During E3, we had the opportunity to speak briefly with producer Keisuke Kikuchi (best known for creating Fatal Frame) and director Naoki Morita (known for his work on Sega's Sakura Taisen series, which is finally coming to North America) about the inspiration behind the fanciful Nintendo DS RPG, and about life after the Tecmo-Koei merger.
Nostalgia has kind of an older RPG feel, a lighter, more humorous tone. Do you think there are too many "dark" RPGs now? Are there not enough Dragon Quest-toned RPGs?
Keisuke Kikuchi, producer: Recently, we've been saturated with dark RPGs. The trend is for very complex systems, and very hardcore maniac kinds of systems. We wanted to do something that can give dreams and hope to the children, so we wanted to make it lighter and positive.
This idea has been in the works for a long time, but didn't come out until after the DS release. What was it about the DS that made this possible?
Naoki Morita, director: Firstly, a very big reason is that DS users span very wide generations, from children to adults. One of our goals was that we wanted our game to be played by parents and kids together, as if they're reading books together. We wanted to convey that kind of feeling to the users. The hardware matched the objective of the game.
How has the response been to the game in Japan?
KK: We believe that our objective has succeeded in the way that it's been received very well by the users who are not hardcore, who haven't been familiar with games -- light users. It's easy to understand, because it's located in real cities. You can kind of get into the game very easily. You can feel like you're a part of it very easily.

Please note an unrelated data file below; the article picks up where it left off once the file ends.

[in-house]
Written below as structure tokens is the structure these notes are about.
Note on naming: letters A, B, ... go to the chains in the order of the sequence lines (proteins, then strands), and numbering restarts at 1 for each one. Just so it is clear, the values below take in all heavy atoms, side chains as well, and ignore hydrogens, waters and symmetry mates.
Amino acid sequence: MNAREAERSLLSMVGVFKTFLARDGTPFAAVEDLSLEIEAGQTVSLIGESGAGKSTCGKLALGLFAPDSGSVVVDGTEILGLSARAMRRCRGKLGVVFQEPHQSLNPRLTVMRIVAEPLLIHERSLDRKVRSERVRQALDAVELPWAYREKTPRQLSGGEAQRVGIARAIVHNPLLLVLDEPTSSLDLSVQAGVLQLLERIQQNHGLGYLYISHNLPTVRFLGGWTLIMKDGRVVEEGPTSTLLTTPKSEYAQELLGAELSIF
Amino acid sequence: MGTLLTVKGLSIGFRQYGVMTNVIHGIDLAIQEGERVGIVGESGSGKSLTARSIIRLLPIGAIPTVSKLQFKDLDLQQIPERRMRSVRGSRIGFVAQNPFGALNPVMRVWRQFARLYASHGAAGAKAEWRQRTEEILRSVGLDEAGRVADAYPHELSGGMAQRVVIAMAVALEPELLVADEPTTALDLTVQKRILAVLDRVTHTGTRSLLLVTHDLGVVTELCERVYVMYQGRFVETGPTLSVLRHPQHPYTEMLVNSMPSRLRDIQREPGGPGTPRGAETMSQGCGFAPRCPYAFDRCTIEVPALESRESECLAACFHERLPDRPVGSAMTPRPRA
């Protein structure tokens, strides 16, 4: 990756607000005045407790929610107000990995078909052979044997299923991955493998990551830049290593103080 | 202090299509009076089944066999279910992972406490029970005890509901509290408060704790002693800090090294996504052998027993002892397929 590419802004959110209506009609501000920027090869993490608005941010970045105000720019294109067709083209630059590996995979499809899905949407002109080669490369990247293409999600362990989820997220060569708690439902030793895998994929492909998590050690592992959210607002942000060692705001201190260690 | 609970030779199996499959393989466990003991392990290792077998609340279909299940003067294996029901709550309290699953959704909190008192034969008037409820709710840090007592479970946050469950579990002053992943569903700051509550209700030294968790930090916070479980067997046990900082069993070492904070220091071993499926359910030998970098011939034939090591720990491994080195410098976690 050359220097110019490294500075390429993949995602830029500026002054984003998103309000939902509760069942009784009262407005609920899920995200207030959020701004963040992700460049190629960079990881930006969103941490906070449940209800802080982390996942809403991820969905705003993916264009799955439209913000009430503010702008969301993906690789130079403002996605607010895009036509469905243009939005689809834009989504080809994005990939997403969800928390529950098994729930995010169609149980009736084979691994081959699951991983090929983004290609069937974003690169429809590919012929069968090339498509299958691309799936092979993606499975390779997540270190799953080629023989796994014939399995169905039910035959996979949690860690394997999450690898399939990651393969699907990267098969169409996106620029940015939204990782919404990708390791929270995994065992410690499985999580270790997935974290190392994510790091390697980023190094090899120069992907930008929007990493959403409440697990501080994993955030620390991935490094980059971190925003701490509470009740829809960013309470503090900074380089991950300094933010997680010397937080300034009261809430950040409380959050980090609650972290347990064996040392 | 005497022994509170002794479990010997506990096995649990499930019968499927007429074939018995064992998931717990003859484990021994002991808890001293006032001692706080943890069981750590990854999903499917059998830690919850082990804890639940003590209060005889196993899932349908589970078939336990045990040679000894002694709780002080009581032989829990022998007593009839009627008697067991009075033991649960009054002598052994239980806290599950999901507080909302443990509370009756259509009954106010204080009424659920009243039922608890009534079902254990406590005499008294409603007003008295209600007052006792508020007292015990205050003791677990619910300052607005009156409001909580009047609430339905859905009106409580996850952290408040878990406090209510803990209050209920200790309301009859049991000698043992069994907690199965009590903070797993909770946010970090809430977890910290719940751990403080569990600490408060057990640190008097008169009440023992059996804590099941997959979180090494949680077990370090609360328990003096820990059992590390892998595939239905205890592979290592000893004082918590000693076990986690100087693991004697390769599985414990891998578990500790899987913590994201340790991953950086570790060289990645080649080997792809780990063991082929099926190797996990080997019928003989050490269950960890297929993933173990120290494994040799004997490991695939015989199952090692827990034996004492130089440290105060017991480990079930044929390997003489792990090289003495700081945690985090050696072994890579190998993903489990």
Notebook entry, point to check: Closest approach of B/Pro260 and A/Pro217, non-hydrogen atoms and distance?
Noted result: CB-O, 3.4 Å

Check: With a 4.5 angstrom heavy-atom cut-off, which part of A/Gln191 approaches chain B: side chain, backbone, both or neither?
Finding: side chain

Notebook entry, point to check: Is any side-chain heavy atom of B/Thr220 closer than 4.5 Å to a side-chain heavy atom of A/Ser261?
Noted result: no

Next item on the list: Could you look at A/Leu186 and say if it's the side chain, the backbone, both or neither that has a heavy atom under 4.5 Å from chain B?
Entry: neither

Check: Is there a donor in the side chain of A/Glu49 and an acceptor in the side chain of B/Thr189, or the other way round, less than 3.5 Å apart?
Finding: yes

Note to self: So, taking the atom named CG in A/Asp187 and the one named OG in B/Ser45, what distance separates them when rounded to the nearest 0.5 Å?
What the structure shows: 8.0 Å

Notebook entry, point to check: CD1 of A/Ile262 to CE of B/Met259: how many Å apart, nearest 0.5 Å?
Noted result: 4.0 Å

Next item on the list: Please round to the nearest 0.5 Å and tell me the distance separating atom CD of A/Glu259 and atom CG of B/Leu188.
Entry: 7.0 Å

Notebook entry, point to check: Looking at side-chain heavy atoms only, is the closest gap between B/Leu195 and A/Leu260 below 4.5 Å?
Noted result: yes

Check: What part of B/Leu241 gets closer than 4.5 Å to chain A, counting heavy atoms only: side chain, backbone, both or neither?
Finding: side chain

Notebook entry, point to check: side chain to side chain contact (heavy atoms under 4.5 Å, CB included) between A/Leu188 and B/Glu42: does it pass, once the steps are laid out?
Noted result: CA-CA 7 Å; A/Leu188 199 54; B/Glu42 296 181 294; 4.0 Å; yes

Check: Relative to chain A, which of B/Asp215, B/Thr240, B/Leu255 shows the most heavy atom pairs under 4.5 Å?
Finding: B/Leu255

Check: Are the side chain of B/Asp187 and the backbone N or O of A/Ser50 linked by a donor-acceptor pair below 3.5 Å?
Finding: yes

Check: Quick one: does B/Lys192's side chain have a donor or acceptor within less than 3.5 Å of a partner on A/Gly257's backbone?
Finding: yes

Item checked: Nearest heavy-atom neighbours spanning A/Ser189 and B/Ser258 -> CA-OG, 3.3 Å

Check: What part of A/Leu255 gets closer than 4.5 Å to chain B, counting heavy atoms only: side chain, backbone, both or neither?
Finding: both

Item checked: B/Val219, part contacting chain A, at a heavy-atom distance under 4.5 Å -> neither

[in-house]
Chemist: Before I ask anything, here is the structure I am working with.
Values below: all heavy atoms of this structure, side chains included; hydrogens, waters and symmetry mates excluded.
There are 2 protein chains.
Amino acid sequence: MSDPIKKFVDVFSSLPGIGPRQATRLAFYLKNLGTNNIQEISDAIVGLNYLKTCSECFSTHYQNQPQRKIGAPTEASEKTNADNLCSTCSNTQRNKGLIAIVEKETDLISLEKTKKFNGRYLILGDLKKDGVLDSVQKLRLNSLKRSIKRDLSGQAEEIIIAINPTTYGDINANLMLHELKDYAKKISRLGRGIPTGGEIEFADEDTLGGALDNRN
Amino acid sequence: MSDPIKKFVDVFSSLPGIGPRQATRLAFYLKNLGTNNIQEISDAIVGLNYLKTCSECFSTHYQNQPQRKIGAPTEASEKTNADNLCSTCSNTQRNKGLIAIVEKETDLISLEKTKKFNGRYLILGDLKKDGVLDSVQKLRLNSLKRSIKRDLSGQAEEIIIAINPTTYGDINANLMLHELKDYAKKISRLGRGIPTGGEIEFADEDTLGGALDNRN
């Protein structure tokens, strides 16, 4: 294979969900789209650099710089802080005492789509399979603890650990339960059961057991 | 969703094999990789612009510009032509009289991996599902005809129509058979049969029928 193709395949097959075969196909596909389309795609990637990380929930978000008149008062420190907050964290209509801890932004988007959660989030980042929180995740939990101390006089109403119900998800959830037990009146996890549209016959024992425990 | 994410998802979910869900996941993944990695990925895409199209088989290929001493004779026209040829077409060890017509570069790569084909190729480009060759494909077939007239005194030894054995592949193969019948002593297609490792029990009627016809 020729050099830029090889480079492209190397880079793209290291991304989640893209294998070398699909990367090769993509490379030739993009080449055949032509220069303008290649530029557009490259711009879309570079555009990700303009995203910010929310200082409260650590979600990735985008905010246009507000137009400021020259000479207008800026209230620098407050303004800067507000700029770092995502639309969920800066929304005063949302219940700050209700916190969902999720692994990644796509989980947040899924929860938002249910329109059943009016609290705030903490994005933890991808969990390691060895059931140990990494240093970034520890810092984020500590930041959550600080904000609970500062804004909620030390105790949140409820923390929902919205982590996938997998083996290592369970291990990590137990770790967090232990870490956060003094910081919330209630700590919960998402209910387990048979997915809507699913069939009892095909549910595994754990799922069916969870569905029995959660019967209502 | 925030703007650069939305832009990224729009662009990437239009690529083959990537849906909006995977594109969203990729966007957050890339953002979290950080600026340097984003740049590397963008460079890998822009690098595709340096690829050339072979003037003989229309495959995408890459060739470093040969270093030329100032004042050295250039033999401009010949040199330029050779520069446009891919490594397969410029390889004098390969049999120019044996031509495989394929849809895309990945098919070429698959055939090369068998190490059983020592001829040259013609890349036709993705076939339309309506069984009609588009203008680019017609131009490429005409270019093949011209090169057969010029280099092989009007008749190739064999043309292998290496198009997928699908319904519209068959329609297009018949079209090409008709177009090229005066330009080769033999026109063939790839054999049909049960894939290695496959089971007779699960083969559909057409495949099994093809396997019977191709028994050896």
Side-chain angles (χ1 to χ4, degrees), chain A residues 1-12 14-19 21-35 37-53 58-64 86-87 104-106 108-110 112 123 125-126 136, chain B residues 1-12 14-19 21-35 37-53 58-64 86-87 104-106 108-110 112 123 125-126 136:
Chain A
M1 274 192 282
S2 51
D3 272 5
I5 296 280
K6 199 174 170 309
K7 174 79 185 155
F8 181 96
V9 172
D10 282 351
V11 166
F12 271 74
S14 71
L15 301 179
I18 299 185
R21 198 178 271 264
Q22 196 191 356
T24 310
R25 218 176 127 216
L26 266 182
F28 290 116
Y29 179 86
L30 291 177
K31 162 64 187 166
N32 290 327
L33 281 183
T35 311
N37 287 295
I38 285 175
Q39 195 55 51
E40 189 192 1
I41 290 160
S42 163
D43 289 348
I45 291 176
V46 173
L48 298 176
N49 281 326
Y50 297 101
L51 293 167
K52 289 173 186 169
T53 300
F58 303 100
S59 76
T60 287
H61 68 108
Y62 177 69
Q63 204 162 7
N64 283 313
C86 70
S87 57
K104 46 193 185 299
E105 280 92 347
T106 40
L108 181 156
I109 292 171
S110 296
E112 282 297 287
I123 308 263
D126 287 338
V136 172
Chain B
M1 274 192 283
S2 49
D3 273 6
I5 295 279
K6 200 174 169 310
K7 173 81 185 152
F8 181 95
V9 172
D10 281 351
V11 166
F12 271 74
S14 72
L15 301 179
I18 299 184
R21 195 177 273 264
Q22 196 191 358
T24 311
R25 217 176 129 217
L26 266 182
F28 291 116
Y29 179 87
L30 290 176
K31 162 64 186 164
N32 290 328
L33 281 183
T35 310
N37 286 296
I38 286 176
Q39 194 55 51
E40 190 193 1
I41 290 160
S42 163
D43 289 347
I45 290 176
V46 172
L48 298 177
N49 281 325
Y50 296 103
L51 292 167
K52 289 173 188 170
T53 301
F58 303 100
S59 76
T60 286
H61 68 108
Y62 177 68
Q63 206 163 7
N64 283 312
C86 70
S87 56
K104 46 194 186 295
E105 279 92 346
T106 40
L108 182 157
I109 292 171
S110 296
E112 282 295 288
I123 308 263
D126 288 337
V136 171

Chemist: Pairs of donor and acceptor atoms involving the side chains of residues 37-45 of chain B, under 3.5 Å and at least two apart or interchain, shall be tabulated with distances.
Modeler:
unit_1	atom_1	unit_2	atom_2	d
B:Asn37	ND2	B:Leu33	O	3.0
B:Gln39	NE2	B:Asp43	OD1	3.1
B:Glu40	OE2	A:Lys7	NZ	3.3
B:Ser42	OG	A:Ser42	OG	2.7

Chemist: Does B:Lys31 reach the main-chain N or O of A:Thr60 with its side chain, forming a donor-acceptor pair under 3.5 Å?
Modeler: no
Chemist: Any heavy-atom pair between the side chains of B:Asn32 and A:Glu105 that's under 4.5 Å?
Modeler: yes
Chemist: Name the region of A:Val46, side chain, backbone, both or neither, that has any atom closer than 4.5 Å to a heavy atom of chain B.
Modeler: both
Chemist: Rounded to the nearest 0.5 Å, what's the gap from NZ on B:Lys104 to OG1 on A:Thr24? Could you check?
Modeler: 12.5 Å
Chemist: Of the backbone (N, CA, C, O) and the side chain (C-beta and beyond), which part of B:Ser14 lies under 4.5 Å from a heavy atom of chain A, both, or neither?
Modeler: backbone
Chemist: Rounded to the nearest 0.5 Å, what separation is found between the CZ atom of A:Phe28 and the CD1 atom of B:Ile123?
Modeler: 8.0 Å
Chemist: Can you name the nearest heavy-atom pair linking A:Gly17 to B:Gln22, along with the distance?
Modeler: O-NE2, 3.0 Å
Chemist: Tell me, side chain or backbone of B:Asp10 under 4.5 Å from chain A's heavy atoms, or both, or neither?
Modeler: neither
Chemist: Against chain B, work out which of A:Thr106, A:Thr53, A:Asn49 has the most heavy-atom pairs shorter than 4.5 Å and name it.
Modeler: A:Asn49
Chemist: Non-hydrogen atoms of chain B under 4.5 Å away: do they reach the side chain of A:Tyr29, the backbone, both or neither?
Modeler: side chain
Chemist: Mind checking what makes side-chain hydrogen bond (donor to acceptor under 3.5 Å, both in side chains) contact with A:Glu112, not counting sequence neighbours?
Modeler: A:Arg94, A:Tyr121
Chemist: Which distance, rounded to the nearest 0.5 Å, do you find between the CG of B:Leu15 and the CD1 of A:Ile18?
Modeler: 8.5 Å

Could you tell us a bit more about the inspiration behind using real-world locations for a fantasy game?
NM: Just having fantasy aspects in fantasy locations, it's very normal. We wanted to put the fantasy aspects in a real location so that the users can feel that there are many mysteries and unknown things in the actual world that they live in. In that way, they can feel more excited, both in the game and in their lives.
How has the Tecmo-Koei merger affected life at the company for the two of you?
KK: The stocks are held by one company, but they have different development studios. Each of them have different cultures, different philosophies. For example, Tecmo is good in American markets. Koei is good in Japan and Asia. They keep the differences that should be kept, and still, they are able to collaborate in aspects that need collaborate. And actually, they are inspiring each other, and they are good stimulation for each other.